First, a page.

Thursday, March 27, 2008

Can a Person be a Christian only on Sundays?

A lady I have been getting to know took me very much by surprise today. We were talking about changes in our perceptions regarding church and faith, and at one point, she stopped and said that she was just a Sunday Christian, not all through the week, and indicated that in that way she thought she was different (I believe she thought she meant in attitude alone) than I am...yet I think that comment betrays more than attitude. It took me aback so much that I didn't pursue that comment, and I intend to at my next opportunity. That type of comment would normally cause me to suspect that the woman was not even a Christian at all, but only fancied herself one because she attends church on Sunday.
We had a speaker come to our church a few Sundays ago, visiting from our church denomination's regional office. He pointed out that the building we're in on Sunday mornings is not the church. The church consists of all the believers who come on Sunday and disperse through the week--it even consists of all believers who aren't currently attending. It doesn't consist, on the other hand, of those who attend and don't believe. Because Jesus said that He would never leave us nor forsake us, that He would be with us wherever we go, our faith will impact how we live, think, talk, and walk all through the week. Our church is hardly summarized in our church building, or if it burned down, we would suddenly be faithless--and of course that's a ridiculous picture! We believe at home, we believe at church, and we believe everywhere else we go. Church doesn't stop existing six days per week because we are apart from one another. If that were the case, Christianity would never survive--and I suppose in some cultures, including ours, it may seem to be failing, but throughout the world, there are many vital congregations showing that Christianity is nowhere near extinction.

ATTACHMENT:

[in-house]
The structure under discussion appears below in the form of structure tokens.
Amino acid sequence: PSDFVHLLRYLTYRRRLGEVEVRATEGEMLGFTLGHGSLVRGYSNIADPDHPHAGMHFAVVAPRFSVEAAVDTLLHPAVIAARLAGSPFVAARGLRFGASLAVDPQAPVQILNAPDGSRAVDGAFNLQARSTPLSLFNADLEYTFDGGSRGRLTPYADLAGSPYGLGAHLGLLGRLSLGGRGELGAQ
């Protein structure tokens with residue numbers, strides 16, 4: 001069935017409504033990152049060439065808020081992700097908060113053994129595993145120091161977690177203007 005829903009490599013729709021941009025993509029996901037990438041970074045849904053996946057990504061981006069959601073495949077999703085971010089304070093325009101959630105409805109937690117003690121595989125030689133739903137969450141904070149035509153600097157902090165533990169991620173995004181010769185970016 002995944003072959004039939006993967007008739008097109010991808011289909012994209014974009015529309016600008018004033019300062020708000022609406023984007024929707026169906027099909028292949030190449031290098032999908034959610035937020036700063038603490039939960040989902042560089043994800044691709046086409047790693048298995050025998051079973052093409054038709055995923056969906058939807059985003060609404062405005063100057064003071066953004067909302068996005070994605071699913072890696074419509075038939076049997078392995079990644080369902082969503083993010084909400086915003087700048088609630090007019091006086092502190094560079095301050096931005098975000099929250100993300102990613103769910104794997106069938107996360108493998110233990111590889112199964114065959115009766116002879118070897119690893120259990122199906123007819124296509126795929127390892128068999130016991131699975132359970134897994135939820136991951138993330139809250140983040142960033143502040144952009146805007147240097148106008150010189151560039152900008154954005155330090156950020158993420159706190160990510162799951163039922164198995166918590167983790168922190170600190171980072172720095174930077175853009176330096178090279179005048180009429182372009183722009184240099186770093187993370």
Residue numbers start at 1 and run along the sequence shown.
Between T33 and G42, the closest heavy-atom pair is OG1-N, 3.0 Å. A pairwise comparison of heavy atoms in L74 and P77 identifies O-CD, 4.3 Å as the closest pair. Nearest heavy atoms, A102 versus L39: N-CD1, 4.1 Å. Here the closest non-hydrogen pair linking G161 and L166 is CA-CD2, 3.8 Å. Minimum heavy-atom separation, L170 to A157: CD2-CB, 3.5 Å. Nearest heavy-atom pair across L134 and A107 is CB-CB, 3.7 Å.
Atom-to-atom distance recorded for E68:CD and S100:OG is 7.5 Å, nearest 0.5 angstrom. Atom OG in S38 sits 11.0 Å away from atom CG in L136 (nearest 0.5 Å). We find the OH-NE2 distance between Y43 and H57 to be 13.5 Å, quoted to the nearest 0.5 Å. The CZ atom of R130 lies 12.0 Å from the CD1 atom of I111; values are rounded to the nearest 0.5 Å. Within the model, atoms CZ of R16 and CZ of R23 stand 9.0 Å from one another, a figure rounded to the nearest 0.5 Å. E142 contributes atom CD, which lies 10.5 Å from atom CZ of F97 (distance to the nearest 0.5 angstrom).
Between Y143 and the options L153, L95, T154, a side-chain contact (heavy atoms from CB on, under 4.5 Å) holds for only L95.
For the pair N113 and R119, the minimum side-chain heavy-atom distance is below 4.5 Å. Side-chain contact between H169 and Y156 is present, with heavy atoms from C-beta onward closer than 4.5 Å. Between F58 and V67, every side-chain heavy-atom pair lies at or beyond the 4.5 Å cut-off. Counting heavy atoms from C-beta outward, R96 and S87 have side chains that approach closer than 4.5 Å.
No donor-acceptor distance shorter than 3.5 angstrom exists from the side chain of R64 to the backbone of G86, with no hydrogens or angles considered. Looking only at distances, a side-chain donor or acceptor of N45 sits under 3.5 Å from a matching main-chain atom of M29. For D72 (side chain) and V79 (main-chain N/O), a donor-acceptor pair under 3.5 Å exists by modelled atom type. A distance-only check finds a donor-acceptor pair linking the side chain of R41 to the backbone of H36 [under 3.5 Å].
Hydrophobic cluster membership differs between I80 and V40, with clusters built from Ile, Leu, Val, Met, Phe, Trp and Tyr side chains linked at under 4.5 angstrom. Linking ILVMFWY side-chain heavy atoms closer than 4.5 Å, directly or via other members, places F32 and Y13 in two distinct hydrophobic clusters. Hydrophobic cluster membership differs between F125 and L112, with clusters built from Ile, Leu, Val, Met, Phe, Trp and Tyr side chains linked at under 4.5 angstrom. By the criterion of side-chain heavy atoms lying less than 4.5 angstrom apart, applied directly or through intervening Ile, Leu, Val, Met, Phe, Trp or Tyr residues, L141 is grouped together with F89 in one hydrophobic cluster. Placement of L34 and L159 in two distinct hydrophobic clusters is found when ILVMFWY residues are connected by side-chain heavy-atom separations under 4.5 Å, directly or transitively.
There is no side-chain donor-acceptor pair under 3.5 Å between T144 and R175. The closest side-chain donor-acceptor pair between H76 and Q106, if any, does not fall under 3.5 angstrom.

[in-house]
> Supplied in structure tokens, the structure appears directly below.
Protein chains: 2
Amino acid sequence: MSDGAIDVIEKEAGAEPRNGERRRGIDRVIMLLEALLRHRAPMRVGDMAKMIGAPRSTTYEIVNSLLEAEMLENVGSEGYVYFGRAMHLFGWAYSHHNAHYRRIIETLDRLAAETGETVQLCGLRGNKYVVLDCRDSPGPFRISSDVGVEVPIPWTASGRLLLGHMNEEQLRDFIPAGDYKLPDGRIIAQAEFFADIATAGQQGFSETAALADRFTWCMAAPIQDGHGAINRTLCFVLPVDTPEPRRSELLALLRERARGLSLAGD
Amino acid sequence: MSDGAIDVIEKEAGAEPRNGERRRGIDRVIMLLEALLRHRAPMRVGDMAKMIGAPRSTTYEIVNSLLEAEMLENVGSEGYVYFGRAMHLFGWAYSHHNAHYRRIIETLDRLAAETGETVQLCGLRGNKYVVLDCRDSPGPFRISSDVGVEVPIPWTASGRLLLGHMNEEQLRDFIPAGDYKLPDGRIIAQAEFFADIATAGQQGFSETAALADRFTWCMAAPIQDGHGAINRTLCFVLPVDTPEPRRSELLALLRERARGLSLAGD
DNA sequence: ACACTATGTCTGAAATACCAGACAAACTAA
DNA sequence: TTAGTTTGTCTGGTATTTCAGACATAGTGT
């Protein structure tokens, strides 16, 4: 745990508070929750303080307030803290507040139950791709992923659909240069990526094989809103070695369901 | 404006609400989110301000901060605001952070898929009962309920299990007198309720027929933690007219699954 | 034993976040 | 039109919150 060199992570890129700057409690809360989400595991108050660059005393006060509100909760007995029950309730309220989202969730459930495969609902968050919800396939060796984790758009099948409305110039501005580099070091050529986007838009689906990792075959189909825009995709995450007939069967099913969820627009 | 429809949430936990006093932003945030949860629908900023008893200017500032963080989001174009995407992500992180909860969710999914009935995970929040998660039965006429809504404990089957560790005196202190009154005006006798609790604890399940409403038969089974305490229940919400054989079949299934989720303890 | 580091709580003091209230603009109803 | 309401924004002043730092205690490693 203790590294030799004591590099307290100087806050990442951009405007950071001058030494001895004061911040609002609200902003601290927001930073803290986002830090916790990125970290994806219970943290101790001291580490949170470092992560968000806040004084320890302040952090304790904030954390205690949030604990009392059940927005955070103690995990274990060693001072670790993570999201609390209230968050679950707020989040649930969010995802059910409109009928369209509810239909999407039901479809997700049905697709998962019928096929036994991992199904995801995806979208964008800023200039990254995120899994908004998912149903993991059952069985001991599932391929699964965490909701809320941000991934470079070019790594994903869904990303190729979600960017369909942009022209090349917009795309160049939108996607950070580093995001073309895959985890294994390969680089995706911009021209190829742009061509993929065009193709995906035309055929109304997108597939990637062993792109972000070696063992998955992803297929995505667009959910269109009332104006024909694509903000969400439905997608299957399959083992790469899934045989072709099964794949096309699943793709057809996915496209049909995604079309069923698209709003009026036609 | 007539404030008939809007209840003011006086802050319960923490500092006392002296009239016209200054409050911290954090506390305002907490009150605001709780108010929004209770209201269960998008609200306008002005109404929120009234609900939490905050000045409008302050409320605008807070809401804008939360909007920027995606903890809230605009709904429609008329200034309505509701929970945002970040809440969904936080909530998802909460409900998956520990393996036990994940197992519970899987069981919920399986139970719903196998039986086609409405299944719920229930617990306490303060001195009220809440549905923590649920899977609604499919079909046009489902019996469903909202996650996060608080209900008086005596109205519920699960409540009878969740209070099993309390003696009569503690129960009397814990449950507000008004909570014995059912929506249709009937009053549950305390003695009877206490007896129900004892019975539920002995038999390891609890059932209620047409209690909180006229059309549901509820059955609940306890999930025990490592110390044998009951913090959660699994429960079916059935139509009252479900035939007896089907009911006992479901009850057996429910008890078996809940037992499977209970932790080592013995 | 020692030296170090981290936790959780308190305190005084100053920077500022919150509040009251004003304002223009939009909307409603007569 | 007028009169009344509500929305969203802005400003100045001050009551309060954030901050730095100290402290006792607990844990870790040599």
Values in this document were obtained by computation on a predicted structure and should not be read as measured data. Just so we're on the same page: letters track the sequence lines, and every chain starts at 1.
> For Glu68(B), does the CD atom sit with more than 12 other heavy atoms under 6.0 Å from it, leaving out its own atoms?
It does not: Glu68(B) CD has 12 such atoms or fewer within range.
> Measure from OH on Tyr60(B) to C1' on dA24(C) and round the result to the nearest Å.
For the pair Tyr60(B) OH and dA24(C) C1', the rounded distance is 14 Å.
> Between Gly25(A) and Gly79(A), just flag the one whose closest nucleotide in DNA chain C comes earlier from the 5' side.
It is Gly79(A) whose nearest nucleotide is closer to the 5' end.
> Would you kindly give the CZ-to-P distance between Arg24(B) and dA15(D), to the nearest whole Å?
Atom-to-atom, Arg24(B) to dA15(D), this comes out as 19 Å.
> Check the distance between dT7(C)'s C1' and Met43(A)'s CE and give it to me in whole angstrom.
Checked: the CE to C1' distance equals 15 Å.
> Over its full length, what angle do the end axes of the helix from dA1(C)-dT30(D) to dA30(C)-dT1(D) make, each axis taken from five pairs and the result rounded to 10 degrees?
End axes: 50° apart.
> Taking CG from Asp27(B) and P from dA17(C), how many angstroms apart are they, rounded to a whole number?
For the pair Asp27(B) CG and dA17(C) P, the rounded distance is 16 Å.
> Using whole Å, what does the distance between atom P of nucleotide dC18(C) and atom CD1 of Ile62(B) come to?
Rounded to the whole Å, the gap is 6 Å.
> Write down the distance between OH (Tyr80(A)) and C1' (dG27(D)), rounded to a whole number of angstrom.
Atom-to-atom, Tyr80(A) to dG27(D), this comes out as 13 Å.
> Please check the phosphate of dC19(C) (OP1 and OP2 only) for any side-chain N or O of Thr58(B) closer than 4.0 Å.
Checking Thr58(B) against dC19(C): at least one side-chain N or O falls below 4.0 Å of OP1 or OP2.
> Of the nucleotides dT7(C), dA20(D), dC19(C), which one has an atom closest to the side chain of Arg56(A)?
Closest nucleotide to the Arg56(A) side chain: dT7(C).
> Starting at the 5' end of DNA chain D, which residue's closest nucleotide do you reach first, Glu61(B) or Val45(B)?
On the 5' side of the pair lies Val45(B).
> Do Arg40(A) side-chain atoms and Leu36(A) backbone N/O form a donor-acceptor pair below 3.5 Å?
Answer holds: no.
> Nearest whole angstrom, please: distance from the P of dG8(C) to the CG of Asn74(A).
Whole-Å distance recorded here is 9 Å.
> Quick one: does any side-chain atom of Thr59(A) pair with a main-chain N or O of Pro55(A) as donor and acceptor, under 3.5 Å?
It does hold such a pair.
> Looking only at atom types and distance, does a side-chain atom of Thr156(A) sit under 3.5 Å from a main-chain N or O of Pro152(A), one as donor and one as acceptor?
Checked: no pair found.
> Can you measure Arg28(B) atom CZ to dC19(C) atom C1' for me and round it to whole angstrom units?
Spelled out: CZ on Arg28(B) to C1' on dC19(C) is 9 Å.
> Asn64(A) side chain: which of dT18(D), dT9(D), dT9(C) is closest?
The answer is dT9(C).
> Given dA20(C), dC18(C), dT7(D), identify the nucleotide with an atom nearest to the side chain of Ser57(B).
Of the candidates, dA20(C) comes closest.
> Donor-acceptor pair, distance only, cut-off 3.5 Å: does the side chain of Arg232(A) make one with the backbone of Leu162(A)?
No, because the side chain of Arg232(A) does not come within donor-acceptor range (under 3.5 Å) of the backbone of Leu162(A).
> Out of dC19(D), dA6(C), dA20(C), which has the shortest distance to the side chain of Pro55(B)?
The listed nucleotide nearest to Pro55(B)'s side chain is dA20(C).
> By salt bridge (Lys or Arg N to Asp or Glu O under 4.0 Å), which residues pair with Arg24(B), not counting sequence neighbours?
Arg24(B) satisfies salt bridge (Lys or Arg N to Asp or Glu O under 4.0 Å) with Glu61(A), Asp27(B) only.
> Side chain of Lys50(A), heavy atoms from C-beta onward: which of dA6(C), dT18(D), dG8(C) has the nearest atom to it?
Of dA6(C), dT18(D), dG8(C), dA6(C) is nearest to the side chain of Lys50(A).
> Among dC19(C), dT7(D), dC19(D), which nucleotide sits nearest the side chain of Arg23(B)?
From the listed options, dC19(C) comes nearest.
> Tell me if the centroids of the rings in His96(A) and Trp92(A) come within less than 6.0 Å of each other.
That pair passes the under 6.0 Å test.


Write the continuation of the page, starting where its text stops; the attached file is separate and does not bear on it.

When I first knew Gary, whose father was a pastor but was not yet a believer, and Gary and I weren't believers yet either, I told him that it was strange that his dad was basically using Reader's Digest rather than the Bible when we went to his church one Sunday. Gary responded that it didn't matter much, because church was just a social club. I knew in my heart that that couldn't be true; even before I was a believer, I knew that Christianity had to be much more than a social club if it had persisted all these 2,000 years. It probably wouldn't have lasted much more than a year if it were only a Sunday hobby! Christianity has been under attack the world over, persecuted and prosecuted, burned and ravaged, suppressed, discouraged, misguided, counterfeited--yet God's Word and His church have lasted in spite of all odds, because the Holy Spirit has kept passion for truth burning in the hearts of His people.
My friend's comment took me by surprise, but it shouldn't have--I remember two instances where women that I had assumed were well-established in their faith suddenly had a new love for Christ, a salvation status that had not existed before. They both admitted that they had been in church, pretending all those years before, serving, being the nice person, fooling others but not themselves and not God, and without the sweet victory of knowing Jesus personally. I would never have suspected that they had pretended beforehand, but I could not mistake their excitement afterward! We should never assume that a person has a true relationship with Christ without good evidence. We should pray that those who might be pretending in our churches would let themselves be known, so that they might know the one true Christ, the one relationship that makes everything real and worthwhile.
Jesus lived, died and rose again on our behalf, and though we can never repay all that He has done, is doing, and yet will do for us, the least we can do is live out our passion for Him, alive and active every possible moment. I can't imagine going through a week dropping out of my faith-walk, only to pick it up again for one day and repeat that time after time. I hope that my friend meant something a little different than the sound of what she said. If she didn't, I'm still glad she said it. It might open the door to the most meaningful conversation two people can have.